And this being so, it has political-theological consequences.  It means that Christ’s redemptive work in the Church always challenges the fallenness and incompleteness of the creation that this work enters into, giving us ethical imperatives that do not leave surrounding social structures or practices unaffected.  It means that the created structures that Christ governs as creator are to be redirected in light of redemption, and must serve Christ’s redemptive work in the Church.  They may, of course, in many cases not do so, may merely serve to perpetuate the structures of fallen creation.  This is of course not wholly bad, inasmuch as creation, however fallen, is still good, but it is not sufficient.  Christians will insist that the imperfect structures of creation be re-ordered in service to Christ’s redeeming purpose.  Which is, of course, precisely what Calvin and the Reformers said, I have to add.

Is Christ Divided? Christology and the Two Kingdoms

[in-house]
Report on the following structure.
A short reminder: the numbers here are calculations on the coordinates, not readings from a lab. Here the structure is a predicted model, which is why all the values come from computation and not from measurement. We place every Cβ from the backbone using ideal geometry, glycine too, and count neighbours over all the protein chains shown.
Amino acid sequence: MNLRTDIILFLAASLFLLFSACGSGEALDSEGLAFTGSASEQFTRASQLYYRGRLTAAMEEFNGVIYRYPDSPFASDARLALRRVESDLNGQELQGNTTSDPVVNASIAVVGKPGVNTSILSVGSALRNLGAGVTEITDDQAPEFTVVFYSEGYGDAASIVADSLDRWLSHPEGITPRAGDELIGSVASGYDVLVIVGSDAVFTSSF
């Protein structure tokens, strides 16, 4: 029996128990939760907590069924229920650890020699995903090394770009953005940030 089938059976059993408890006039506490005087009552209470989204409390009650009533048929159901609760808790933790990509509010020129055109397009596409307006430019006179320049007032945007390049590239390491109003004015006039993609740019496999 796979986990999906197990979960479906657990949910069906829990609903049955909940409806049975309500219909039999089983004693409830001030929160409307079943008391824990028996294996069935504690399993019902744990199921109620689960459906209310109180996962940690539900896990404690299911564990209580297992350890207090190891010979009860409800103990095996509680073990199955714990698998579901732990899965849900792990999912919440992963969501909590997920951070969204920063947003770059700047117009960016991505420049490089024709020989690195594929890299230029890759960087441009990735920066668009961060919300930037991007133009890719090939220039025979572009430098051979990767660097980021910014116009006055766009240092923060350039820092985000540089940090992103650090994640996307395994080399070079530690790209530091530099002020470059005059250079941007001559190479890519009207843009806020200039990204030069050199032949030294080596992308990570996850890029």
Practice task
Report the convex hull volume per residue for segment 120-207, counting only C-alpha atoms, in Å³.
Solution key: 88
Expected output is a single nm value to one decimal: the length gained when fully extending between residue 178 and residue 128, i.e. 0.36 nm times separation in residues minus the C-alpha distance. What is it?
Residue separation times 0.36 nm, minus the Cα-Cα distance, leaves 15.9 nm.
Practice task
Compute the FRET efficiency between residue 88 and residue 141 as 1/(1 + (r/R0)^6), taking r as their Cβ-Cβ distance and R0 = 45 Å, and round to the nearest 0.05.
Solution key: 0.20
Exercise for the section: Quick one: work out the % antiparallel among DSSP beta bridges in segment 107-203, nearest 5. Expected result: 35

Those of you who were reading this blog last summer may recall that one of the oddest, and to my mind one of the most disturbing, aspect of David VanDrunen’s political-theological proposal in Natural Law and the Two Kingdoms was his notion of the dual mediatorship of Christ as the Christological foundation for the two kingdoms, Church and State.  Of course, VanDrunen did not set it forth as a theological proposal, but as a historical doctrine merely, one that he claimed to find in incipient form in Calvin and more or less fully-developed by Turretin and Rutherford.  Although I think he is on somewhat shaky ground in much of the historical evidence he claims to find, there is one theologian that he could have quite plausibly invoked as an early proponent of the doctrine–the Elizabethan Presbyterian, Thomas Cartwright.  Indeed, on this, as on every other point, VanDrunen studiously avoids so much as mentioning Cartwright, but the links are unmistakable.  What makes this so juicy for my purposes is that Richard Hooker mounts a devastating attack on Cartwright at precisely this point (among others, of course), and along similar lines to the concerns I raised about VanDrunen.

The two mediatorships doctrine runs something like this:

“As mediator, the divine Logos is not limited to his incarnate form even after the incarnation.  He was mediator of creation prior to his incarnation and as mediator continues to sustain creation independent of his mediatorial work as reconciler of creation in the incarnation, death, resurrection, and ascension of Jesus of Nazareth” (John Bolt quoted in VanDrunen 75).